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Surprising Origins of Car Terms & Car Jargon

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Spoiler Alert: The Surprising Origins of Quirky Car Terms

By Safelite // Mar 12, 2018

From horse drawn carriages to modern day machines, road transportation has a rich history. So it’s no surprise that auto terminology has undergone its own evolution throughout the years. Although our car vocab has changed as technology advances, much of the jargon we still use today harkens back to the days of buggies and the Model T.

So if you’ve ever wondered why engines are measured in horsepower—or what a spoiler actually spoils—you’ve come to the right place. Buckle up, word nerds and motor heads. We’re about to go on a wild ride through vehicular vernacular.

“Glove compartment”

It seems like an odd name for a cubby that probably houses your owner’s manual, CDs from 2004, and packets of fast food ketchup...with no gloves in sight. So it makes sense that the origins of this term come from a very different time.

As it turns out, early steering wheels were made of materials like metal and wood that became too hot to handle in summer...and too cold to hold in winter. Cars also didn’t have roofs or climate control systems yet, so drivers wore gloves to protect their hands from the elements.

Packard is credited as being the first automaker to install special boxes for storing gloves, and the “glove box” was born. The name may be a little dated, but we don’t foresee “napkin nook” catching on anytime soon.

“Bluetooth®”

We have lots to thank Bluetooth® for, including revolutionizing our in-car jam sessions by allowing us to connect our smart phones to our car stereos. But where does this colorful term come from—and what do teeth have to do with tech?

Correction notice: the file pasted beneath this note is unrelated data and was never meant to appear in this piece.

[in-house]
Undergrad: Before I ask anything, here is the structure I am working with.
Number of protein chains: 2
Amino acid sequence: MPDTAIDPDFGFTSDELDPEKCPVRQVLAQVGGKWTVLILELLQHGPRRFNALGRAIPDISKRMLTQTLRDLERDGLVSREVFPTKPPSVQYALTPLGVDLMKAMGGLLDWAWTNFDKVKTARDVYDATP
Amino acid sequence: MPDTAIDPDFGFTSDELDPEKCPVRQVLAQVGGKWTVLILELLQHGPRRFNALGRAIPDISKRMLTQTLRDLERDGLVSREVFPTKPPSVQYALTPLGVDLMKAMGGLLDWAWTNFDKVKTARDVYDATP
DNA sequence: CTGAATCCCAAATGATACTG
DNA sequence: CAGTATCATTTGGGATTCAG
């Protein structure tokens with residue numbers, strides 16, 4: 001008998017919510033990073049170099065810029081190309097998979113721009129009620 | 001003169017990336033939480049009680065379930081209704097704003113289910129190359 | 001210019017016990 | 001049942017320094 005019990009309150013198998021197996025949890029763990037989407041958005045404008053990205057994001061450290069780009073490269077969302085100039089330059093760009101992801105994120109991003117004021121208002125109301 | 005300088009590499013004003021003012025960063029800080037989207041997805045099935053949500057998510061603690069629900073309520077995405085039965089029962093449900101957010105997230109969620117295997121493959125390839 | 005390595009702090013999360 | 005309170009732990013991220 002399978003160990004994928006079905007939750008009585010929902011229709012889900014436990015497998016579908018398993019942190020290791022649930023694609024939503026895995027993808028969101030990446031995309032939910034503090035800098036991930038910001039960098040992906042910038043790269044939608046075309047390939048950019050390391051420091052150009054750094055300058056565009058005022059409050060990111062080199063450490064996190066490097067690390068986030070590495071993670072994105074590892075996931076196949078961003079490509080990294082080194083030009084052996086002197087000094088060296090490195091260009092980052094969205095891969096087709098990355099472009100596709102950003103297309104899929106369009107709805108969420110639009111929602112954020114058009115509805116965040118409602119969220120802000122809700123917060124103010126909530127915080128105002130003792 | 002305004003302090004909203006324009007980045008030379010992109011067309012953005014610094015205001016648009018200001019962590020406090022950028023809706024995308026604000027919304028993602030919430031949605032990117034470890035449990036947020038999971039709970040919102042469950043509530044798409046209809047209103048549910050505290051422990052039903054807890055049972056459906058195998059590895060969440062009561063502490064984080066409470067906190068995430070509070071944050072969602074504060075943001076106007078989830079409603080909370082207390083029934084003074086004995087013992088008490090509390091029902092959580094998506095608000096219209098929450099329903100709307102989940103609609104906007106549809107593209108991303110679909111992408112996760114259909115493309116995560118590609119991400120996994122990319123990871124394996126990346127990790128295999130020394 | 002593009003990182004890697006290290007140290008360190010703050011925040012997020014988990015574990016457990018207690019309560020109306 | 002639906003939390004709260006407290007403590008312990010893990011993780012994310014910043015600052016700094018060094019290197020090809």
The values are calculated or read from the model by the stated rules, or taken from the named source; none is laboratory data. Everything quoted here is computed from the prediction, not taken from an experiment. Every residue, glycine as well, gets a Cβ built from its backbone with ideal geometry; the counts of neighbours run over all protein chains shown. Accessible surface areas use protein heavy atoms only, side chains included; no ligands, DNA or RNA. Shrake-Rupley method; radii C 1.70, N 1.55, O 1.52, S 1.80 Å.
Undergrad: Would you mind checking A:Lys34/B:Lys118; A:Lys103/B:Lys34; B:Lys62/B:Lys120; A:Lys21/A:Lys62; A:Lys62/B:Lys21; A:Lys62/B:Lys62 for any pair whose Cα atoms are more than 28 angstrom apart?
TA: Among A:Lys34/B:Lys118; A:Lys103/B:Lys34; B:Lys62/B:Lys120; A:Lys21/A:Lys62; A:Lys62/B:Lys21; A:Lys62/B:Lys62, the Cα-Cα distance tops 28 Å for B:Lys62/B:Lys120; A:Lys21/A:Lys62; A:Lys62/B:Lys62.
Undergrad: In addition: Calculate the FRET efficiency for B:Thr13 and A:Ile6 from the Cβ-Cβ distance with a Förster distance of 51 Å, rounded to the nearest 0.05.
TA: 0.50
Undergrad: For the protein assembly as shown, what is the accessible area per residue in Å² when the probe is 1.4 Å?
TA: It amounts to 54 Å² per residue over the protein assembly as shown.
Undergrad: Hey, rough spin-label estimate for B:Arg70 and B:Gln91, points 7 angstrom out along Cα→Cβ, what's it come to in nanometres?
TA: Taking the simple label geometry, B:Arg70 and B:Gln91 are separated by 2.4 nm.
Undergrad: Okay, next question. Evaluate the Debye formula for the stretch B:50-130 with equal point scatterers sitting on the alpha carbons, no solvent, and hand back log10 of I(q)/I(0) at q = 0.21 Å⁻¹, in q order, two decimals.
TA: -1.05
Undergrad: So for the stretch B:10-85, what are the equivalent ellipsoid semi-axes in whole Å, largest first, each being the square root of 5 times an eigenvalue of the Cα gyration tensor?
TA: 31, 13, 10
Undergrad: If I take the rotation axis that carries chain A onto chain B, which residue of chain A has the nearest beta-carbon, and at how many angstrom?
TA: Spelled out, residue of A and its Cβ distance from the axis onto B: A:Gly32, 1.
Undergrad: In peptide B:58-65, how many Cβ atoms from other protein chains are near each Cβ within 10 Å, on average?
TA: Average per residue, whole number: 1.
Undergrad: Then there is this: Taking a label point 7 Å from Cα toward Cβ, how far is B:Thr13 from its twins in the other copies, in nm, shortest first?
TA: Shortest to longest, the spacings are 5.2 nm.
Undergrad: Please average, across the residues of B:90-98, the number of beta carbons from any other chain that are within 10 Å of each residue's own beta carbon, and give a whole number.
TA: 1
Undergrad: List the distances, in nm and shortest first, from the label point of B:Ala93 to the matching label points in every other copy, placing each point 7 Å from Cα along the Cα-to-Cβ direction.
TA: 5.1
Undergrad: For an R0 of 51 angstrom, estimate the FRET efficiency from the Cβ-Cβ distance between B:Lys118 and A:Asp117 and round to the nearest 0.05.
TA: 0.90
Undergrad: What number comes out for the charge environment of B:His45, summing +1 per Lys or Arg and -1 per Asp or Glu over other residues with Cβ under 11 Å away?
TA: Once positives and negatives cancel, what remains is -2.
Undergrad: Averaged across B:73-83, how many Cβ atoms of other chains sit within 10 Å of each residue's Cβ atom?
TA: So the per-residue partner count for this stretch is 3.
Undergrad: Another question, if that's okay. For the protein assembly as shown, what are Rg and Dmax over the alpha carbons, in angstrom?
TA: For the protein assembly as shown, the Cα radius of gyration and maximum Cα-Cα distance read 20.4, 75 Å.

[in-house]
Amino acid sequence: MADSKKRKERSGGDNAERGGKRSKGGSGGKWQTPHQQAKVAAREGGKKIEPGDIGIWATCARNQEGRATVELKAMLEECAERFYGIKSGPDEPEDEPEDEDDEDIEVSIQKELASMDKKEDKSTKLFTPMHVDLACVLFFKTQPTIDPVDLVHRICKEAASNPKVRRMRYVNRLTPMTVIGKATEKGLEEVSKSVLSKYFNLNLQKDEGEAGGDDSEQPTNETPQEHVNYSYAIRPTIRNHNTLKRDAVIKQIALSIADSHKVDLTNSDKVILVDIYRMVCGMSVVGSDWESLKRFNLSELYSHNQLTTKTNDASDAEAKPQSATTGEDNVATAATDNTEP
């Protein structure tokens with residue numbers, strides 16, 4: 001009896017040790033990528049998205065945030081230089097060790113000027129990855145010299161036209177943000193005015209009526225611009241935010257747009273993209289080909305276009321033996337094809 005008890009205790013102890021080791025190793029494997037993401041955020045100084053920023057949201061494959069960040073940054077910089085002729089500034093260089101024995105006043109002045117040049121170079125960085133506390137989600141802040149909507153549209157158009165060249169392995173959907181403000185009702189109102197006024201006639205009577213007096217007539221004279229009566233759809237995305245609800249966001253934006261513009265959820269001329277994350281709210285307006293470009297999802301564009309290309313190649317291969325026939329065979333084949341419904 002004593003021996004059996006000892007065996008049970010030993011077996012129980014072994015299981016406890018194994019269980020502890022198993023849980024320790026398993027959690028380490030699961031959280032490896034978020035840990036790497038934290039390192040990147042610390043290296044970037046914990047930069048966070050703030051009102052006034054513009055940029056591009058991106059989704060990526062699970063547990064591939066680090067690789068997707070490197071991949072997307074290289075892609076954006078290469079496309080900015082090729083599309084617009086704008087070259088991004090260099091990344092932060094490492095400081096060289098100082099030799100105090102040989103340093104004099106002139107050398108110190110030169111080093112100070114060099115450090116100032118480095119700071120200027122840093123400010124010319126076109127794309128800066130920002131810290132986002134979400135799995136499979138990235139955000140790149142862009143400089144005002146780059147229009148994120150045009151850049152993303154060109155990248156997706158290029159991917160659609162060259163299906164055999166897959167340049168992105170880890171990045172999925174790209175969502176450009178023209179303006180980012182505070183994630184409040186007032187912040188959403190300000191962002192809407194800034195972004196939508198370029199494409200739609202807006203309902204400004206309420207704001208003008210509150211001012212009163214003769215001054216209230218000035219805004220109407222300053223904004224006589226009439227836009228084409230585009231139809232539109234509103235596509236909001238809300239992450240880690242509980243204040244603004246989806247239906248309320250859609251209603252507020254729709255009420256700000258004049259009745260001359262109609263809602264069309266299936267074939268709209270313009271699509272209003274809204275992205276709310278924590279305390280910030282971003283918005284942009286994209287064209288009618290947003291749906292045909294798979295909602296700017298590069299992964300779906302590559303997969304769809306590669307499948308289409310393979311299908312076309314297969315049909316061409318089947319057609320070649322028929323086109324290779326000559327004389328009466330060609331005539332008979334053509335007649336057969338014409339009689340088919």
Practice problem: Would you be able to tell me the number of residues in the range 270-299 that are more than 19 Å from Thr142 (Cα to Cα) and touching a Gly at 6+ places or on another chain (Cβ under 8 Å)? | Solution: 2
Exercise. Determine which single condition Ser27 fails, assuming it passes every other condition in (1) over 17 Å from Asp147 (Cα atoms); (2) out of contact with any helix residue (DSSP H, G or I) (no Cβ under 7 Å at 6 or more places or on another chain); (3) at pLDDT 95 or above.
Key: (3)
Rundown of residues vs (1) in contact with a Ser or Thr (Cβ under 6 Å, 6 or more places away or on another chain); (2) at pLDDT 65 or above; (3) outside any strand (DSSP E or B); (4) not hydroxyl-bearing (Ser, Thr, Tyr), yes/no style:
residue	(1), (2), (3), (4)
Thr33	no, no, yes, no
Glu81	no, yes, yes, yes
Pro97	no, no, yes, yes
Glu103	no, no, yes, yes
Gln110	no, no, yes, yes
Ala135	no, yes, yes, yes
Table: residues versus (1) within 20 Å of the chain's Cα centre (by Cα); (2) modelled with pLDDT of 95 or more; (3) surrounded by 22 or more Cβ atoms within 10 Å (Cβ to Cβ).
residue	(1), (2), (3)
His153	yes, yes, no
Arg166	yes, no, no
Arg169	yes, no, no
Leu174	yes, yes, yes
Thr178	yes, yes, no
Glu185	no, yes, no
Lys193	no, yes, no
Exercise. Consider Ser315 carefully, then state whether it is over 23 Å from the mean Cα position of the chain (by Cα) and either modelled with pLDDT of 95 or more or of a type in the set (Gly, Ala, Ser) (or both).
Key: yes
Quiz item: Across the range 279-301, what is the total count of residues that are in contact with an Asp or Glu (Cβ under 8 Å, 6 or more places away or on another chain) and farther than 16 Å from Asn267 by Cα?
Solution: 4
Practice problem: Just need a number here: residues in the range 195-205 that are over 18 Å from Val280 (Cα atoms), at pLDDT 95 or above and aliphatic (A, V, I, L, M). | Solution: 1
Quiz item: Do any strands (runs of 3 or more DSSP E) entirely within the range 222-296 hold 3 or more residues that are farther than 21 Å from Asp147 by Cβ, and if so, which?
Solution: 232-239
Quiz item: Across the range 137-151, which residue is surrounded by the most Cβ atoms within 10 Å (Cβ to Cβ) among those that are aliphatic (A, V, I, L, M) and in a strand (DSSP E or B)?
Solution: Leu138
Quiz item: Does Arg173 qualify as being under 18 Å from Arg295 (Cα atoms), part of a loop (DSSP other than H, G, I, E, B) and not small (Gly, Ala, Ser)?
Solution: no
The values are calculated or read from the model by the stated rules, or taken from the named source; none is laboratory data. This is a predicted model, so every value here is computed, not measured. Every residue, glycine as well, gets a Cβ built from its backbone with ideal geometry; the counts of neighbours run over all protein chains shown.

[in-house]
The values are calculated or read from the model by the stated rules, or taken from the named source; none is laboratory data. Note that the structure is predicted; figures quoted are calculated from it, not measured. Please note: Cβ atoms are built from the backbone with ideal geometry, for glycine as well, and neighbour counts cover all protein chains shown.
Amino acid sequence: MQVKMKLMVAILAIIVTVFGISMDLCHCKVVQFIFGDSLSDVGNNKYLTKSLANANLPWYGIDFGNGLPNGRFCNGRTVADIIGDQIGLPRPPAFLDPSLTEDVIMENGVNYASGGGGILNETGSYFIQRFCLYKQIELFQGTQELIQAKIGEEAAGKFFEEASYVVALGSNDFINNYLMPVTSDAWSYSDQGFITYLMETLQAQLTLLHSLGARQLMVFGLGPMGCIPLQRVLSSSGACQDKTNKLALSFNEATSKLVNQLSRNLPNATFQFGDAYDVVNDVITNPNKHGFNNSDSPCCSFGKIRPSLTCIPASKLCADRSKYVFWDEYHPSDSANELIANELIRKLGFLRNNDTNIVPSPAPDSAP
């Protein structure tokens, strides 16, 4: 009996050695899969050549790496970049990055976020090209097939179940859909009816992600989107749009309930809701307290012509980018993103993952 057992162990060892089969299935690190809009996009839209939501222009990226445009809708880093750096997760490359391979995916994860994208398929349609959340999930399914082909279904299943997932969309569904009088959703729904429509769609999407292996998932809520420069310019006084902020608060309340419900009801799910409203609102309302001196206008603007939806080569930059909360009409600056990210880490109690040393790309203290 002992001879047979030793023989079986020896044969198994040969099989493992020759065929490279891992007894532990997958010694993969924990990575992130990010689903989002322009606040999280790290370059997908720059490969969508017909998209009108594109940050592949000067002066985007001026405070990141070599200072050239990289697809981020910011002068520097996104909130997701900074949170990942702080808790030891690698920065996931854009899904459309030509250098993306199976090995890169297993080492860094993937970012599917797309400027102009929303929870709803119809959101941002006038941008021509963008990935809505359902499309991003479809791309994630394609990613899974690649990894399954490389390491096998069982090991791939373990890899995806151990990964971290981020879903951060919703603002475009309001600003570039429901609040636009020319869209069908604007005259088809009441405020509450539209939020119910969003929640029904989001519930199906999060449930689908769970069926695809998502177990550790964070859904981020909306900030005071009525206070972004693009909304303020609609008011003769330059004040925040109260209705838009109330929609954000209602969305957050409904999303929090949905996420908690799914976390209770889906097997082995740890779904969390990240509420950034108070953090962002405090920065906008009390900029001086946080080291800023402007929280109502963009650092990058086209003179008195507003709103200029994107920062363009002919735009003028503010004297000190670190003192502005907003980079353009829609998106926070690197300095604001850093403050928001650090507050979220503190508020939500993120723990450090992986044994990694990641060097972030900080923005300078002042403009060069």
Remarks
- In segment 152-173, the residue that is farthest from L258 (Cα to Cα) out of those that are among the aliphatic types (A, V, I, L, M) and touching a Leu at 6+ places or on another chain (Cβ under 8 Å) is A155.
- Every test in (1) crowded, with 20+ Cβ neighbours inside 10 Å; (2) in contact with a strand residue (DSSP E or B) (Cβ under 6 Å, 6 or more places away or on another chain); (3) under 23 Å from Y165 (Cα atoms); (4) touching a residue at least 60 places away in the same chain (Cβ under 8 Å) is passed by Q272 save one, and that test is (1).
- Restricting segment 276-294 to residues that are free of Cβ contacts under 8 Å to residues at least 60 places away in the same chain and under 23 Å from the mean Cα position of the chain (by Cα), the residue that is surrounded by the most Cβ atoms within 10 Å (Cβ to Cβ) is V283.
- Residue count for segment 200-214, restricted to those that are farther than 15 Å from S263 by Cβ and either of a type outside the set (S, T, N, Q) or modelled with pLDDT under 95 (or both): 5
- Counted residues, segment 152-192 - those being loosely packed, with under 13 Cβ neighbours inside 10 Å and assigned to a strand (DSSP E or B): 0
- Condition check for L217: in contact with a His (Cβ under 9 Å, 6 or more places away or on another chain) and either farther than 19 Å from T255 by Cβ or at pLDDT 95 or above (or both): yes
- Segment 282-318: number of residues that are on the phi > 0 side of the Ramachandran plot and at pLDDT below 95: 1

Believe it or not, the tool was named for Danish Viking King Harald “Bluetooth” Gormson. Gormson was known for his strong communication skills and ability to unite people—including merging Denmark and Norway into a single territory. The King was also famous for his dead tooth, which was—you guessed it—a bluish hue.

The name was intended to be temporary, but like a piece of popcorn in a blue tooth, it stuck. So the next time you rock a pair of wireless headphones, think of the king with the gift of gab and a knockout smile.

“Spoiler”

First featured on Ferraris in the 1960s, spoilers now grace the backs (and sometimes fronts) of racecars, sports cars and plenty of passenger vehicles. But these flashy features aren’t just for show. Besides adding sporty style and flair, they also increase vehicle efficiency.

These “wings” (as they’re also called, since they function like upside down airplane wings) increase gas mileage and a car’s grip on the road by redirecting wind currents—thereby reducing vehicle turbulence.

So why the name spoiler? Because the component literally “spoils” the airflow coming over the vehicle, reducing drag and improving fuel efficiency.

“Horsepower”

Still popular today, this expression was originally created as more of a marketing campaign than a scientific measurement. Back in the day, humans relied on horses for everything from farm work to transportation. That is until the steam engine was invented in 1712 as a more efficient means of powering machinery. 

After engineer James Watts patented a new and improved engine in 1769, he knew he needed a unique way to market it. Watts made some rough calculations and came up with “horsepower” as an easy-to-understand comparison—if an engine was “10 horsepower,” it could, in theory, do the work of 10 horses.

Though Watts’ calculations turned out to be incorrect, the steam engine still made him lots of hay, and the term “horsepower” took off like a stallion at Churchill Downs.

“Dashboard”

Speaking of horses, here’s another phrase that takes us back to the days when “hoofing it” literally meant, “hoofing it.” Before paved roads, horse drawn carriages galloped through the dirt, which predictably turned to mud on rainy days. As a result, horses would kick sludge onto the unfortunate passengers riding behind them.

In an effort to curb this muddy mess, buggy builders began installing special horizontal boards on the fronts of carriages to keep passengers clean. And since the worst splattering happened while horses were at a full “dash,” the “dashboard” was born.

From a Viking king with a unique facial feature, to the mucky days of horse drawn carriages, now you know the stories behind some of the quirkiest auto terms. Get ready to show off your newfound skills as a car lingo connoisseur at your next trivia night!

 
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